So why is your brand's voice important when talking about viral videos? Change. One of the fundamental strategies of a viral video is to change perception. That's the reason it goes viral. If you said "Old Spice" to me a few years ago, I would have thought -- isn't that the old-man cologne I bought my dad for Father's Day? But now when I think of Old Spice, it's something very different, and that's all the result of a brilliant viral video outreach effort.

If your brand name garners responses like "stodgy, old, tired, safe, or bland" then your strategy for a viral video should be about changing the perception of what you are as a brand. A brand needs to stand for something that emotionally affects people and compels them to become advocates.

You should not create a video that merely reinforces your brand position; you should use the opportunity to change what consumers think about you. The difficulty here is that company culture often invests in the status quo of a dying brand with dwindling sales. But it's your job to change that.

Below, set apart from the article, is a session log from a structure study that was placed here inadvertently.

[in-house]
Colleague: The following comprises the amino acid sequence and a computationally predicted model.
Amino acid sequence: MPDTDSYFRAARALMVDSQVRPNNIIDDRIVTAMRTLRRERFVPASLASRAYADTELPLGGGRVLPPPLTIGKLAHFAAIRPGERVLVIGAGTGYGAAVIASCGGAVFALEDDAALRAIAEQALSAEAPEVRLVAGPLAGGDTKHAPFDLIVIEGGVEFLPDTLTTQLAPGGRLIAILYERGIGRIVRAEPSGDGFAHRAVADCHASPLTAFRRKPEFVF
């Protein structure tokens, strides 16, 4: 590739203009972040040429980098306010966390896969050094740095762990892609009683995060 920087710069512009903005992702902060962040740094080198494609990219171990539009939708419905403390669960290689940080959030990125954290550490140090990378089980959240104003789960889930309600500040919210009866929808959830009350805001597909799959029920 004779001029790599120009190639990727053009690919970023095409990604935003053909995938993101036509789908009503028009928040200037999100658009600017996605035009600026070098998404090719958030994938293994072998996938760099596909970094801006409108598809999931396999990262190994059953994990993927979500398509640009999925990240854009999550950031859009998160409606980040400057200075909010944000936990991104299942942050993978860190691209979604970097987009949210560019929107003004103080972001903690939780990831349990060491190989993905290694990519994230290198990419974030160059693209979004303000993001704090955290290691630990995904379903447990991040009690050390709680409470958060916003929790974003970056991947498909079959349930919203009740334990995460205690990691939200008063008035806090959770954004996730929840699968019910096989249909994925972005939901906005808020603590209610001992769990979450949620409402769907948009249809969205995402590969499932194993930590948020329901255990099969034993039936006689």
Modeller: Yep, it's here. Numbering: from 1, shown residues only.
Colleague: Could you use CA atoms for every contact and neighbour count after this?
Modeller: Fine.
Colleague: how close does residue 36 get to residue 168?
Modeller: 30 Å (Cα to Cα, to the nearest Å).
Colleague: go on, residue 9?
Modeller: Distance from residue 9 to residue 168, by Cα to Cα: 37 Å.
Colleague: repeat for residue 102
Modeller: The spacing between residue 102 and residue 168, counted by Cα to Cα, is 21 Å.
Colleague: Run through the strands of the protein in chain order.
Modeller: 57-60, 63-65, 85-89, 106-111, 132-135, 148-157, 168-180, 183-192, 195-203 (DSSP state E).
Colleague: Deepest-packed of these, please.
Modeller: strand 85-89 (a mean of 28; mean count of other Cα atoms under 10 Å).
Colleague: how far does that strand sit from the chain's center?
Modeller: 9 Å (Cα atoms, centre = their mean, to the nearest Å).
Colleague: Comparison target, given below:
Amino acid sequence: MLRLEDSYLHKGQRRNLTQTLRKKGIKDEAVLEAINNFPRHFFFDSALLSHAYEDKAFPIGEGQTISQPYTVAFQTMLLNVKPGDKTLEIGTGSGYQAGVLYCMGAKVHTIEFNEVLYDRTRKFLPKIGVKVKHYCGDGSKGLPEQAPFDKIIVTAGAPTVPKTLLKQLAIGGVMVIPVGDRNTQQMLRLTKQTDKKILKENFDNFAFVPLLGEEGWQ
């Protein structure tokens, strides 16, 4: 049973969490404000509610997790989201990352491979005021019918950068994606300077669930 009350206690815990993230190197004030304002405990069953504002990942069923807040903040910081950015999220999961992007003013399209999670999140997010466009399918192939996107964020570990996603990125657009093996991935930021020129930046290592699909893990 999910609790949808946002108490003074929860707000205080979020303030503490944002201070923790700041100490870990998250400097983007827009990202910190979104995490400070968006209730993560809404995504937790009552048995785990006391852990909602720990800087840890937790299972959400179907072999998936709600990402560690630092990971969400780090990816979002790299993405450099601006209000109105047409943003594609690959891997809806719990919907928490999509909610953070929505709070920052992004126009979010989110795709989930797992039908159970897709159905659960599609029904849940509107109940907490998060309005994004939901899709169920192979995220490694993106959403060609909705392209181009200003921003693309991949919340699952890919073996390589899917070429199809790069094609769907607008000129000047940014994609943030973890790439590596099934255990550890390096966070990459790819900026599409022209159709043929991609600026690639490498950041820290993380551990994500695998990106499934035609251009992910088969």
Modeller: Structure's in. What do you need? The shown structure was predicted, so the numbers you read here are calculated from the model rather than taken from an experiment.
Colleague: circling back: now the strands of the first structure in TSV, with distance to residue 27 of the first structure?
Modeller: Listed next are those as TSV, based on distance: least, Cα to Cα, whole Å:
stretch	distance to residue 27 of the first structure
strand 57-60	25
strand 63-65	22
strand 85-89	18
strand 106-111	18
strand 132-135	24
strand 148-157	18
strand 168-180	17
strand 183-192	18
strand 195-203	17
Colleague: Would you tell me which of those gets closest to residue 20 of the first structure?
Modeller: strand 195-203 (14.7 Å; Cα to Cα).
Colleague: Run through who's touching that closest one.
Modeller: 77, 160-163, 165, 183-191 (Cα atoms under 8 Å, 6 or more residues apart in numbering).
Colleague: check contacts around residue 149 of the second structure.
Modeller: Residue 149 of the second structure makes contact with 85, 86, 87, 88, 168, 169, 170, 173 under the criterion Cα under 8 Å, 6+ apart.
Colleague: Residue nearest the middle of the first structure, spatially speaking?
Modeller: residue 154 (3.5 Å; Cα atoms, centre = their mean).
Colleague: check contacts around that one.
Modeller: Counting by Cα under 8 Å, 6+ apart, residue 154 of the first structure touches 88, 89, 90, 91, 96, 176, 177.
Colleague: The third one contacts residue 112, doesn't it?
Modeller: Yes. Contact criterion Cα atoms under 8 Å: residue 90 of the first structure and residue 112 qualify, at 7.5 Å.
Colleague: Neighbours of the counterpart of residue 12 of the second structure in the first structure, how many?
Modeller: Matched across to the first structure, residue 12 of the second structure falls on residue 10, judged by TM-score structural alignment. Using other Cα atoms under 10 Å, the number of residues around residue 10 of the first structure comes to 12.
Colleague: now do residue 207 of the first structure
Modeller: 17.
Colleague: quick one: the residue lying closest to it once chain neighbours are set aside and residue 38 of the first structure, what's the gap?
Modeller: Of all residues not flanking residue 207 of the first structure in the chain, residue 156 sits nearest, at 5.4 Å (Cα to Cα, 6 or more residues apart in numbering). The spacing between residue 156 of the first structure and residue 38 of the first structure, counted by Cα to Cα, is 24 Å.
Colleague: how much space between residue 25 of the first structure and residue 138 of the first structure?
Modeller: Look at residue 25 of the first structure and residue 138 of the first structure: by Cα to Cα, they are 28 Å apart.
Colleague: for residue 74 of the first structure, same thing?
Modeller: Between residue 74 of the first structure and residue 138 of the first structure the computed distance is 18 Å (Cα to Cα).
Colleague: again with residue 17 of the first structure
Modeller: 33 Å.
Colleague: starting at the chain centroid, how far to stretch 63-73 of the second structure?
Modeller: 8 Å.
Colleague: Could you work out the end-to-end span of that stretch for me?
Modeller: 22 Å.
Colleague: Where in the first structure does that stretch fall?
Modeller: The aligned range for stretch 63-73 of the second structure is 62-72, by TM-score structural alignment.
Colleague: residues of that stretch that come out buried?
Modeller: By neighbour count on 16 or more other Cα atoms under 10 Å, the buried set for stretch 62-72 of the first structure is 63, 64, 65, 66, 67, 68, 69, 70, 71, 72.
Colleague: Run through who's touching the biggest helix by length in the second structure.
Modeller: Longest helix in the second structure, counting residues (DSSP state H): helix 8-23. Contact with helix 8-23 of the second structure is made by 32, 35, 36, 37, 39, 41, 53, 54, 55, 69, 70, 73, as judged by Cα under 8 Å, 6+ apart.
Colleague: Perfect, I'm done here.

The most successful viral videos are not ones that reinforce a brand position, they are the ones that stake new territory for the brand.

Finding and understanding your advocates
The seeders and advocates are the important ones, not the end viewers. End viewers are those who felt the content was not compelling enough to redistribute. Just because someone has a large social network does not mean that everyone they distribute to actually engages. So don't get caught up in the actual view number. That number combined with a positive social media monitoring sentiment score is usually a good proxy for advocacy of your brand.

The consumers that you initially distribute your viral video to (seeders) are crucial. Some people have engaged networks of friends, and others don't. You can make someone aware of your marketing campaign, but you cannot guarantee that you can turn them into product advocates.

Don't distribute your video to everyone you, your agency, and company know because guess who they are already familiar with? Your brand. While it's great to score political points, it's very difficult to reach the kind of viral network that will help spur the spread of your video and your brand by staying so close to home. That group would be a great place to test your video, however, because if it's not working, they will tell you, and if that's the case, then it's time to go back to the content drawing board.